Urban Crime and Social Disorganization in China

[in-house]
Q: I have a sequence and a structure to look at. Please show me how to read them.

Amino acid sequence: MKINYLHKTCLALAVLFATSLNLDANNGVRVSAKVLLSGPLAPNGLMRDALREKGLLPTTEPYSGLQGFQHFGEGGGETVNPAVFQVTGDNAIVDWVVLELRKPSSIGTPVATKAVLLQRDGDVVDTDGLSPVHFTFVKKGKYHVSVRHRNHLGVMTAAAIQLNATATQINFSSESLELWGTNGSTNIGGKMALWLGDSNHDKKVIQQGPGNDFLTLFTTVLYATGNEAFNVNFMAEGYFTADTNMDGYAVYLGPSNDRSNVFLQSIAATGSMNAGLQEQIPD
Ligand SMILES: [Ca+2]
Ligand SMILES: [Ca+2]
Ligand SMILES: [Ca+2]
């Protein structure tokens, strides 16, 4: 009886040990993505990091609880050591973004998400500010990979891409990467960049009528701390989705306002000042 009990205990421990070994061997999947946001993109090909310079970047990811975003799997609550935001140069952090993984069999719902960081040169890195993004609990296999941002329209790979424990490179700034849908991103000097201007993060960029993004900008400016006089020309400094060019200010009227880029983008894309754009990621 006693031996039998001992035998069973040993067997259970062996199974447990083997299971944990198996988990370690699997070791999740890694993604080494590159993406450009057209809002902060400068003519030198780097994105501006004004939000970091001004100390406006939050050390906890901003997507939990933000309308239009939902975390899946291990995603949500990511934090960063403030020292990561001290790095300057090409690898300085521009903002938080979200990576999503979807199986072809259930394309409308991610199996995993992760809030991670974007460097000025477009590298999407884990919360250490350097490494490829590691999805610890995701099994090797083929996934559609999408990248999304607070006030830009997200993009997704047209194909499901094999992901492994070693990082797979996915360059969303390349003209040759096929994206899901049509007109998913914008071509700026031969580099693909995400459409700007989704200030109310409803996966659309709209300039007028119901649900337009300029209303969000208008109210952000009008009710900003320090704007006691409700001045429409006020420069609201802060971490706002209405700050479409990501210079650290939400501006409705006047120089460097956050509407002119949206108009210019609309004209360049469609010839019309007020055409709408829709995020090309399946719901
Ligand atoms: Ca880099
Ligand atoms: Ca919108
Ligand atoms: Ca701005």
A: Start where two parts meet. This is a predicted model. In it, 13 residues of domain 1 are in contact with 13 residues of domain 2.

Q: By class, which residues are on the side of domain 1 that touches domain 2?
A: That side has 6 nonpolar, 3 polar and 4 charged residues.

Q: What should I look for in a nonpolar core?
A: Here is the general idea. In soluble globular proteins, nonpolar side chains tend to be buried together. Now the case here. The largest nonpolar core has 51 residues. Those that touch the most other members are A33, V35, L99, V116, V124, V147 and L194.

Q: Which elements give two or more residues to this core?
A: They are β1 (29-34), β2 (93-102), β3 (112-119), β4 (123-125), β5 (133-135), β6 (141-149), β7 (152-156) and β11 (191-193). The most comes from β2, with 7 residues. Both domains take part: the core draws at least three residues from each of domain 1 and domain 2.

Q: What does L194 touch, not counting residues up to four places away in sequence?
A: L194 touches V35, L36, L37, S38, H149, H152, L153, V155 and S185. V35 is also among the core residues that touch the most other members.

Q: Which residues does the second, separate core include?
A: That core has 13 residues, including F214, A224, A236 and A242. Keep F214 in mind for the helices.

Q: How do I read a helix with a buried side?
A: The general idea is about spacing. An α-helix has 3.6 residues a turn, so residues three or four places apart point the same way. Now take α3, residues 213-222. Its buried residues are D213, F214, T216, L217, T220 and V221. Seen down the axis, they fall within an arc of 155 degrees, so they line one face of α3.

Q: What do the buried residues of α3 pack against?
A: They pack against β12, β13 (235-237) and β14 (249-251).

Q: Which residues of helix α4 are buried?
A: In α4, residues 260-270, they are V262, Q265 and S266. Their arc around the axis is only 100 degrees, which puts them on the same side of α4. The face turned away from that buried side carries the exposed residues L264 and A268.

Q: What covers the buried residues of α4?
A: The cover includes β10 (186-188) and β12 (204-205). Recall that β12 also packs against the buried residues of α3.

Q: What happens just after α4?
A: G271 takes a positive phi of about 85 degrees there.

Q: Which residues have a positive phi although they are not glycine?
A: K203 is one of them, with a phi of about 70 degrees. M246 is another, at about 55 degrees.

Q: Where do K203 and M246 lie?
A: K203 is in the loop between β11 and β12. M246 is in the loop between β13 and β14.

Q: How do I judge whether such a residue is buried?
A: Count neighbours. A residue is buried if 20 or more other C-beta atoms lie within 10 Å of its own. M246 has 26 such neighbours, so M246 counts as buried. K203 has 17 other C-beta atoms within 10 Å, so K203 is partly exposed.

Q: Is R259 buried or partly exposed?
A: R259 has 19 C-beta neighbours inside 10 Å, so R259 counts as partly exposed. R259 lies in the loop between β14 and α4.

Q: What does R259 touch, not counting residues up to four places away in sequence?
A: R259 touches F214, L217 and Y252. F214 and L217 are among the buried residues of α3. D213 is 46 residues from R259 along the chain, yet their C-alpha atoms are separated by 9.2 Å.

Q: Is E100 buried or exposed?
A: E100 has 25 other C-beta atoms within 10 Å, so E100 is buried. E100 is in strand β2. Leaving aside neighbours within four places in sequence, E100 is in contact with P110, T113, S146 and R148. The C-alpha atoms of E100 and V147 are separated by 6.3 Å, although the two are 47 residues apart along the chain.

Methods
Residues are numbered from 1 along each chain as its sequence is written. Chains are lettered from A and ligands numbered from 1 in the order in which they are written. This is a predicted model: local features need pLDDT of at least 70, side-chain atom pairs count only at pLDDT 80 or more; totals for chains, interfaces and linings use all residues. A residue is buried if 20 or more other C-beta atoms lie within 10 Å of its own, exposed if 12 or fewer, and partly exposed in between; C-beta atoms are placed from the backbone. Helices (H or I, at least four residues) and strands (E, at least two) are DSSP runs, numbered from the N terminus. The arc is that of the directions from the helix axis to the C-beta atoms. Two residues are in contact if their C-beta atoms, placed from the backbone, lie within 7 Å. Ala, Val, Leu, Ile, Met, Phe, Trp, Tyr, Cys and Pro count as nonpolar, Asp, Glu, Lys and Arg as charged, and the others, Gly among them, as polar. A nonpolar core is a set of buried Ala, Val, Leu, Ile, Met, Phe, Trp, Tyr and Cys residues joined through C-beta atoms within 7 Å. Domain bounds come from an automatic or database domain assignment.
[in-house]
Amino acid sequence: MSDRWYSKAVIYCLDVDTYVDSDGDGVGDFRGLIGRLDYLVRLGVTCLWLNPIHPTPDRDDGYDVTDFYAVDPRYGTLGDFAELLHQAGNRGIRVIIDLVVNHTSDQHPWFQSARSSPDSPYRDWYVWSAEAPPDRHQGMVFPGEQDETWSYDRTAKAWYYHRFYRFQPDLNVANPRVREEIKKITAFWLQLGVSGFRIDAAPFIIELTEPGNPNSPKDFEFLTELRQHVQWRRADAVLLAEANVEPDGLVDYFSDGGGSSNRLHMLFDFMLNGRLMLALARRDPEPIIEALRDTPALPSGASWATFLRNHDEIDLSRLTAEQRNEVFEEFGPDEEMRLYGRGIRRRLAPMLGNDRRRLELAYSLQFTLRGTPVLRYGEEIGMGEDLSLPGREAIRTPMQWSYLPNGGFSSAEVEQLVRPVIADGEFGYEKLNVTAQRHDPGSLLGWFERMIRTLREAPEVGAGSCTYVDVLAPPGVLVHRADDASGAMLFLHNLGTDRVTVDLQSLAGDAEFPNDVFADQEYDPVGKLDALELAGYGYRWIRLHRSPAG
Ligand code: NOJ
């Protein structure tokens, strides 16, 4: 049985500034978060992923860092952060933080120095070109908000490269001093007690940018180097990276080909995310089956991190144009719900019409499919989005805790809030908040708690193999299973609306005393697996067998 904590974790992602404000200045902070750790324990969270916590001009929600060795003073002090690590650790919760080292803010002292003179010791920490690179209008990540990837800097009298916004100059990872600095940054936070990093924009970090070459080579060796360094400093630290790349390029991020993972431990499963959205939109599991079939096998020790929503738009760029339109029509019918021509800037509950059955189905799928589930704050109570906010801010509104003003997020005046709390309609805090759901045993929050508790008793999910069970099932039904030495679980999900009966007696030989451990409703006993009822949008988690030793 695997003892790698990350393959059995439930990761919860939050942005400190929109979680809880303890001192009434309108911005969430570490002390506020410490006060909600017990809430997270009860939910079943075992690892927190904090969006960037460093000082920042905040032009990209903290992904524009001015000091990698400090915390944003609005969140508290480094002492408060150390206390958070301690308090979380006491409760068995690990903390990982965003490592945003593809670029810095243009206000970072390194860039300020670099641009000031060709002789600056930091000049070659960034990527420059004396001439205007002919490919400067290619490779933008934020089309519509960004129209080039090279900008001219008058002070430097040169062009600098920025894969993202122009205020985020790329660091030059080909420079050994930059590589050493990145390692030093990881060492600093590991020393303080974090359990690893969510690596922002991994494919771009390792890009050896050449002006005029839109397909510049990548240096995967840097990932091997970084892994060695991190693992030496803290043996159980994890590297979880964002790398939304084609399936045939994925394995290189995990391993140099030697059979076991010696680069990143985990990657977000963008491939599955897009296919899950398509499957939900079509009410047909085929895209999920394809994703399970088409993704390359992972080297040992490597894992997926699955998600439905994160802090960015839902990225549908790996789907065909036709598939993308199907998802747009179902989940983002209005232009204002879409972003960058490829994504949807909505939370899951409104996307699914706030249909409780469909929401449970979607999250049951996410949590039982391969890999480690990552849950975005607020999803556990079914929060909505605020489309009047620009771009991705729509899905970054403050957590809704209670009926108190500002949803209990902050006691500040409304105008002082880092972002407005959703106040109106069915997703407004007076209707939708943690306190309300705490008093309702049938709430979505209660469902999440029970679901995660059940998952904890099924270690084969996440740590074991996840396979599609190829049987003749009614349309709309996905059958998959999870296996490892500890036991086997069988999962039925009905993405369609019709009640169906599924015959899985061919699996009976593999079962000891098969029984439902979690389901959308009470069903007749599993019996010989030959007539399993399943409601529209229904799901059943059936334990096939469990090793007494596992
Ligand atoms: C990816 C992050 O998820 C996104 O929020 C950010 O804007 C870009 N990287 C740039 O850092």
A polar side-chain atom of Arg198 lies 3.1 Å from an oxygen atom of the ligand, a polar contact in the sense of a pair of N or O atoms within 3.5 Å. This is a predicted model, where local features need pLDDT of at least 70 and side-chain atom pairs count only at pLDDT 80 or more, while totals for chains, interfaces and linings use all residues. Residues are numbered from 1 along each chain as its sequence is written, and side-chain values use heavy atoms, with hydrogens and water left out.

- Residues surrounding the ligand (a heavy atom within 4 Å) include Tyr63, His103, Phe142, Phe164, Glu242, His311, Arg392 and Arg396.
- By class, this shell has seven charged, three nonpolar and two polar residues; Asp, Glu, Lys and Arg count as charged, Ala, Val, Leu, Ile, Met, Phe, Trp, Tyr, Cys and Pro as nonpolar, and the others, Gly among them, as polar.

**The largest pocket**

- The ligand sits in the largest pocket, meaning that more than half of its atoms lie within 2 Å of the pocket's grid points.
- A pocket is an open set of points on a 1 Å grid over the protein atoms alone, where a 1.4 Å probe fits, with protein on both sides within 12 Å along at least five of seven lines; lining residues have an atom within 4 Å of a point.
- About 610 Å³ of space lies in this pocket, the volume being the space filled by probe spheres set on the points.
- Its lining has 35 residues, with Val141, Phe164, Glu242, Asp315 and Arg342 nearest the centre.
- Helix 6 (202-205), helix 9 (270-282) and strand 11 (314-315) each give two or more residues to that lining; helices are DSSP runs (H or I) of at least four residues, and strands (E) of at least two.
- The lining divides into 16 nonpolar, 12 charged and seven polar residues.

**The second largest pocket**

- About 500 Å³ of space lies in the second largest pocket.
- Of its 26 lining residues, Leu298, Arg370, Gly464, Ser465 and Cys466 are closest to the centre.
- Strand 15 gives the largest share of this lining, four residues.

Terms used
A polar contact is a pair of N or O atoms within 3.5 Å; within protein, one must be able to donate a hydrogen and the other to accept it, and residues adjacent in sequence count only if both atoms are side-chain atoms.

The book selects Guangzhou, which has the highest crime rate in China, as a research site to study patterns of crime and social disorganization. It combines methods of content analyses with ethnographic fieldwork. The research first selected 1422 crime cases reported by the influential Southern Metropolis Daily in 2013 to identify the general crime-distribution pattern. The findings suggest that both spatial and demographic-density distribution of criminal cases in Guangzhou show a gradient circle pattern from city center to suburb. Focusing on three selected typical communities, the thesis finds important patterns of crime and social disorganization that are very different from Western research. These findings are organized according to major correlates of social disorganization, including unemployment, marriage and family, residential stability, ethnic heterogeneity, social equality, social capital, social control, social isolation and social exclusion, community cohesion, trust and fear, traditions, morals and beliefs, language. These findings extend and elaborate Social Disorganization Theory in urban China. This book can be used as a textbook for college and Ph.D. students majoring in law and sociology, as well as a reference book for professionals in related fields. Although academic, this book is written in such a way that it will also appeal to a general audience.
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